Still, Laurentiis knew she had to advocate for herself and advised women to do the same.

"Everybody shot in New York, but I wanted to be near my family, and I didn’t want to do it without them. And it meant the world to me to be home rather than doing it from a different state,” said Laurentiis. “I basically said from day one: I either shoot them in L.A., or I don’t shoot them at all.”

Valerie Bertinelli: Surround yourself with women who lift you up

Valerie Bertinelli on "Today" on Jan. 7, 2020.Nathan Congleton / TODAY

Varerie Bertinelli said she has been successful, in part due to several women she has been lucky enough to have worked beside.

“I’ve had a lot of amazing women teach me to know my value as I go through this business,” said Bertinelli, who, before entering the culinary scene, spent nine years on the sitcom “One Day at a Time.”

Actress Bonnie Franklin “was the first woman who let me know that as a woman you have value. She made sure her voice was heard on ‘One Day at a Time,’ and as I’ve gone through the years and made new girlfriends and connected with people — you start to understand your value and not listen to the negativity out there,” said Bertinelli.

She also said fellow Food Network star Ray has been a huge influence. And when Ray in 2019 presented Bertinelli with an Emmy for her hit show “Valerie’s Home Cooking,” it was the icing on the cake.

“To be given an Emmy from Rachael — that was a beyond moment… She is someone I’ve admired for years and decades,” said Bertinelli.

The chef stressed the importance of following your passion and sticking up for yourself.

“I’ve lucked into this career, I don’t plan anything out — I just keep playing,” said Bertinelli. “When we just do what we love to do — that is valuable. Understand your value, because you are valuable no matter what anybody says — no matter what the negative voices in your head say.”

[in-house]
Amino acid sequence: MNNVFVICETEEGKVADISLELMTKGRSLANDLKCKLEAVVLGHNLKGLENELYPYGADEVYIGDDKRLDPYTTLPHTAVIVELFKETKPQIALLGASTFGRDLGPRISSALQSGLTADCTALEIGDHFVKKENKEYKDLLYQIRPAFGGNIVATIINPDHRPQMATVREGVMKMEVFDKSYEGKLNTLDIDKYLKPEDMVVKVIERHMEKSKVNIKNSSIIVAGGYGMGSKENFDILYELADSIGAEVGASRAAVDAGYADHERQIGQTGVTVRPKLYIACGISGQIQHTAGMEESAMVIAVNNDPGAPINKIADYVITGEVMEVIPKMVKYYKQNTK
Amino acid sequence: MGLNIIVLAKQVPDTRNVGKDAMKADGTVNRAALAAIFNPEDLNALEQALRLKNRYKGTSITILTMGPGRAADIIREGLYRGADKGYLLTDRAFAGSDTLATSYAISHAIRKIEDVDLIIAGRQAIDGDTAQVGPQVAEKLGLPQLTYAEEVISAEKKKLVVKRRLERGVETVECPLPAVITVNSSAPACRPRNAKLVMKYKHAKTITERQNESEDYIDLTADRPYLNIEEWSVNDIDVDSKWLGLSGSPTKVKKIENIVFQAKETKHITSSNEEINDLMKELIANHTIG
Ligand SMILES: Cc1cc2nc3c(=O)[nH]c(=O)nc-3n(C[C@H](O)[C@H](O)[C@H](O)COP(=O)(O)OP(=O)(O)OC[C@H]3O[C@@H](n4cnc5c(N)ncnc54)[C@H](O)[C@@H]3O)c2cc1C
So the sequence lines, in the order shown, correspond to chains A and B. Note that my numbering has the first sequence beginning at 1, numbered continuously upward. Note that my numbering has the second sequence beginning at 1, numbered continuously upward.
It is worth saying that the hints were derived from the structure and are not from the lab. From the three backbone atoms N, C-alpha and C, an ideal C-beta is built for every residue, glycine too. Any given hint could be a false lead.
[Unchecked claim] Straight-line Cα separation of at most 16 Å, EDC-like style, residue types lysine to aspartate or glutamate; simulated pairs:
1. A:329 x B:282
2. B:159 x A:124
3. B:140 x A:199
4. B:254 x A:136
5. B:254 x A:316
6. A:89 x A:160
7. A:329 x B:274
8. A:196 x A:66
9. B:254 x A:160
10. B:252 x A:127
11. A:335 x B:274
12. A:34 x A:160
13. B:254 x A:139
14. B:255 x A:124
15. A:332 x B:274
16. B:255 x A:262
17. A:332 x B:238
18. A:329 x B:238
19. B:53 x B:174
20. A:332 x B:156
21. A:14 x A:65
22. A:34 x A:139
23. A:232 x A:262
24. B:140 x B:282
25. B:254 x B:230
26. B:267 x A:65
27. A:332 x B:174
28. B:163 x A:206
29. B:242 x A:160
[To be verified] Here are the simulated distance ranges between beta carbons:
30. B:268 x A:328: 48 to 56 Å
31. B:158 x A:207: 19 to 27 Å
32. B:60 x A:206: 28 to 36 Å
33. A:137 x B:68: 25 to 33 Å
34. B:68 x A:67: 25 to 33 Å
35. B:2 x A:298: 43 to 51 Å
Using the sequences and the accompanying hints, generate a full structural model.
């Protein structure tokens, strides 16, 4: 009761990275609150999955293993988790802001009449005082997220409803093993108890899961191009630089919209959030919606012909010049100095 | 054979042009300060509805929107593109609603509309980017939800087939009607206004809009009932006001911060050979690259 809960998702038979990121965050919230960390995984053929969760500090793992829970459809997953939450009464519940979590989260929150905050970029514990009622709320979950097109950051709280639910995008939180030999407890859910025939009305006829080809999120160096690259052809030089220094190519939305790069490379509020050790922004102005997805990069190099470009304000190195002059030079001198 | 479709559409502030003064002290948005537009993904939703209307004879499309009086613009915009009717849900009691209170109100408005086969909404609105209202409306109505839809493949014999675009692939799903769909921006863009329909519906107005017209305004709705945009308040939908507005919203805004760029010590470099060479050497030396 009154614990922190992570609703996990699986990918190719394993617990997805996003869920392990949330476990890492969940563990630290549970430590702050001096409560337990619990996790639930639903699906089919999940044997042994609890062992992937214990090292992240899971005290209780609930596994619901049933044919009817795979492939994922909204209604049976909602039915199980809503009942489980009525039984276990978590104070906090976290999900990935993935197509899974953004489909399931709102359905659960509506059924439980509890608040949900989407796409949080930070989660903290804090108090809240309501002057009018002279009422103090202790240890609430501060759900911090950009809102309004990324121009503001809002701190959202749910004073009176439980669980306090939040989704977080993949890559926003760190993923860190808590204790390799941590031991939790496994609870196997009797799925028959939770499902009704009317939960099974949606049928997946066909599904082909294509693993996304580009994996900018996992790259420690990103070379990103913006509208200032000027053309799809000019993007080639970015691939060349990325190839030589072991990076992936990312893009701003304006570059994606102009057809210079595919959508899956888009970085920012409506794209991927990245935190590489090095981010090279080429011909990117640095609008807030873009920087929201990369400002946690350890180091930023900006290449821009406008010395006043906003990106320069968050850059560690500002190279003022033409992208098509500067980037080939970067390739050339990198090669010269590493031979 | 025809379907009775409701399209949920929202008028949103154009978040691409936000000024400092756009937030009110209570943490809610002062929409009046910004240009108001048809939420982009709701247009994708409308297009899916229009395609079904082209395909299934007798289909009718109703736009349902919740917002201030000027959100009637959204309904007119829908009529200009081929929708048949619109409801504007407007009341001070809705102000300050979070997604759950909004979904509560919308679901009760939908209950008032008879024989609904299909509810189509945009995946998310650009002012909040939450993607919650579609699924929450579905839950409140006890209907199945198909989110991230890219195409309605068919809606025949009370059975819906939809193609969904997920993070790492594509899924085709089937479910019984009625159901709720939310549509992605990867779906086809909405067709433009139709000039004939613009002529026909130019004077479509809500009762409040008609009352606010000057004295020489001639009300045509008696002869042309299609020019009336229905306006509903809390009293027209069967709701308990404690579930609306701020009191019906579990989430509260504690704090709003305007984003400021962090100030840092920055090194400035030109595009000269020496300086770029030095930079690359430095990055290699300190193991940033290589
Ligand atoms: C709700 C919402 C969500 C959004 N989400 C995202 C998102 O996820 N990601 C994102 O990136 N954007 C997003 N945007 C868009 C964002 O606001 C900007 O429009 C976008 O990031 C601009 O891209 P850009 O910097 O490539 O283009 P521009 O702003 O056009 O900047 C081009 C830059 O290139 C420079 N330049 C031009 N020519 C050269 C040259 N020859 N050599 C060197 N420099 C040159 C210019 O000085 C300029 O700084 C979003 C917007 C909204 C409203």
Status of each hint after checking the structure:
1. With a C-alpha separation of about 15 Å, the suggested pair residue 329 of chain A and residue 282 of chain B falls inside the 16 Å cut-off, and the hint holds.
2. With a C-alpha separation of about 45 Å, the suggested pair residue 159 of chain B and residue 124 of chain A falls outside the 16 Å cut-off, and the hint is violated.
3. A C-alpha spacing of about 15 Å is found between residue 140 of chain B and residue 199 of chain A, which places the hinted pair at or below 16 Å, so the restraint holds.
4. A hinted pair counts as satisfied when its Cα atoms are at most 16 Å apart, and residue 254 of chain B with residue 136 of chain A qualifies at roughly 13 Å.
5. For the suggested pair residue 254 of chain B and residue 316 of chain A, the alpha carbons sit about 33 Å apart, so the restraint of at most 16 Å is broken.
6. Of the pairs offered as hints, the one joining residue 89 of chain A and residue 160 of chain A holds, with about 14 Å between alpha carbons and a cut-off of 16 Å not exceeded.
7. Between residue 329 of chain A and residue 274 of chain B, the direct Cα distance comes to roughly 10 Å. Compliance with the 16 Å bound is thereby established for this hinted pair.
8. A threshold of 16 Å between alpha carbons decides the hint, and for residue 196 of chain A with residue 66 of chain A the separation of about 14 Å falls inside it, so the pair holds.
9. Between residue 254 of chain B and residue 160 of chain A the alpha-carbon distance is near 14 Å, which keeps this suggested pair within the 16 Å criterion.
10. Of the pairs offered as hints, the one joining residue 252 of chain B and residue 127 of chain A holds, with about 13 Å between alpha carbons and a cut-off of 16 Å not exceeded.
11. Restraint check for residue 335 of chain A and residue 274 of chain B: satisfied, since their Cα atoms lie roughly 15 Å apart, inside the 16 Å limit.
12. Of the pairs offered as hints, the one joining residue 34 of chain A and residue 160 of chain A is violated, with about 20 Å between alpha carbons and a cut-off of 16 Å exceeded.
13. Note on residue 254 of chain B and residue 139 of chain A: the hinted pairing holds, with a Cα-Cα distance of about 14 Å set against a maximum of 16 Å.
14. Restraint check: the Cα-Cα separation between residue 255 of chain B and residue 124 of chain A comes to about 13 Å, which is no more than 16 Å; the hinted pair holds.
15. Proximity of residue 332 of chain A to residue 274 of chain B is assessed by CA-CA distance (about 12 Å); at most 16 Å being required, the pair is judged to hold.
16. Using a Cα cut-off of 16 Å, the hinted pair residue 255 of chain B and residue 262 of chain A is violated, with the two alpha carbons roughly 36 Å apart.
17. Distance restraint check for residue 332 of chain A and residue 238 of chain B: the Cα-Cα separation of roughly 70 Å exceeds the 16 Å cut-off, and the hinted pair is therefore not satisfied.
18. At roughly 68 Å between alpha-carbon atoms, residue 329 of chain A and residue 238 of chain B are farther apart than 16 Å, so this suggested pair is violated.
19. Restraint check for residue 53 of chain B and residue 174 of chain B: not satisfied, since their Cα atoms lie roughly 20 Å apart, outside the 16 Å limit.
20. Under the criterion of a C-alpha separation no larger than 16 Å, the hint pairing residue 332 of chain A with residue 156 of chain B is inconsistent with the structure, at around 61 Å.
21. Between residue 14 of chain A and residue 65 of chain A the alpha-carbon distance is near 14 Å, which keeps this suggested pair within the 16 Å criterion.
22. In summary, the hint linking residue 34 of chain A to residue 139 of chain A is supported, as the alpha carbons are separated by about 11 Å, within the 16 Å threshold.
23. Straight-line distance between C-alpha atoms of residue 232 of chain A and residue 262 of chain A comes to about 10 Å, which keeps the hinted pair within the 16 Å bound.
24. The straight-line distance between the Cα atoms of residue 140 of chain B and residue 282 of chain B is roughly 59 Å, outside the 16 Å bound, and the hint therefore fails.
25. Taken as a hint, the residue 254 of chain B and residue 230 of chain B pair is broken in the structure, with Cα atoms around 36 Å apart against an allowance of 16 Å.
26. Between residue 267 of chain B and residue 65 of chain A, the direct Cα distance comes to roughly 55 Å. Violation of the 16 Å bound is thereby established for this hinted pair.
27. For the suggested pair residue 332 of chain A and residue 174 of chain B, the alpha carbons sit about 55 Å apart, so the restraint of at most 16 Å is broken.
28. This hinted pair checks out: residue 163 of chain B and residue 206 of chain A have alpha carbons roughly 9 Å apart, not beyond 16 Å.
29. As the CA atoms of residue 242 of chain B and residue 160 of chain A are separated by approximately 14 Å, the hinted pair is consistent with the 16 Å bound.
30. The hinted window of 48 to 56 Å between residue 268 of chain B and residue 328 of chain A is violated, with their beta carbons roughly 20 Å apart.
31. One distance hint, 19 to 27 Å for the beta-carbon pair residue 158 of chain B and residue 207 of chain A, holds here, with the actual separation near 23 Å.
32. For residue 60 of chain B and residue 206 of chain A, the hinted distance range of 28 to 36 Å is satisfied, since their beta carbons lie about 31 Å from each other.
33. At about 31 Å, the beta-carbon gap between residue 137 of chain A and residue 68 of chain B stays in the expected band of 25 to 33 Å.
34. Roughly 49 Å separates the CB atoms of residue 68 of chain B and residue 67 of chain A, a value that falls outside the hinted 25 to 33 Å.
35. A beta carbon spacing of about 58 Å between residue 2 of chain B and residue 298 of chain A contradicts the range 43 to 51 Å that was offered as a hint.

Anne Burrell: Be willing to ‘work circles’ around everyone else

Anne Burrell on "Today" on Aug. 6, 2019.Nathan Congleton / TODAY

Anne Burrell has spent years in the culinary world — from studying in Italy to working in kitchens throughout New York City.

And all that hard work has paid off. Besides becoming Mario Batali’s sous chef on “Iron Chef America,” she has written best-selling cookbooks and has hosted numerous Food Network shows, including “Secrets of a Restaurant Chef” and “Worst Cooks in America.”

Burrell recounted her family reacting skeptically when she told them she wanted to become a chef.

“When I decided to go to culinary school, I went to my father and I was like, ‘Dad, I wanna go to culinary school,’” said Burrell, 50. “He was like, ‘You wanna do what? A girl like you wants to go to work in a kitchen?’ And there was not even a Food Network to aspire to be on — It was just like I just knew that I wanted to do it.”

It was in culinary school that Burrell discovered her true passion for food. “When I got to culinary school, it was like the first time I was at the right place at the right time in my life,” said Burrell. From there, she was hooked.

“Being a chick in culinary school when it was like 10 percent women, and then coming up in New York City kitchens — in Italy and in the U.S., as a girl chef, you learn how to work harder and talk dirtier,” said Burrell. “But I was also like ‘I believe in me, and I will work circles around every single one of them. I will make myself invaluable.’”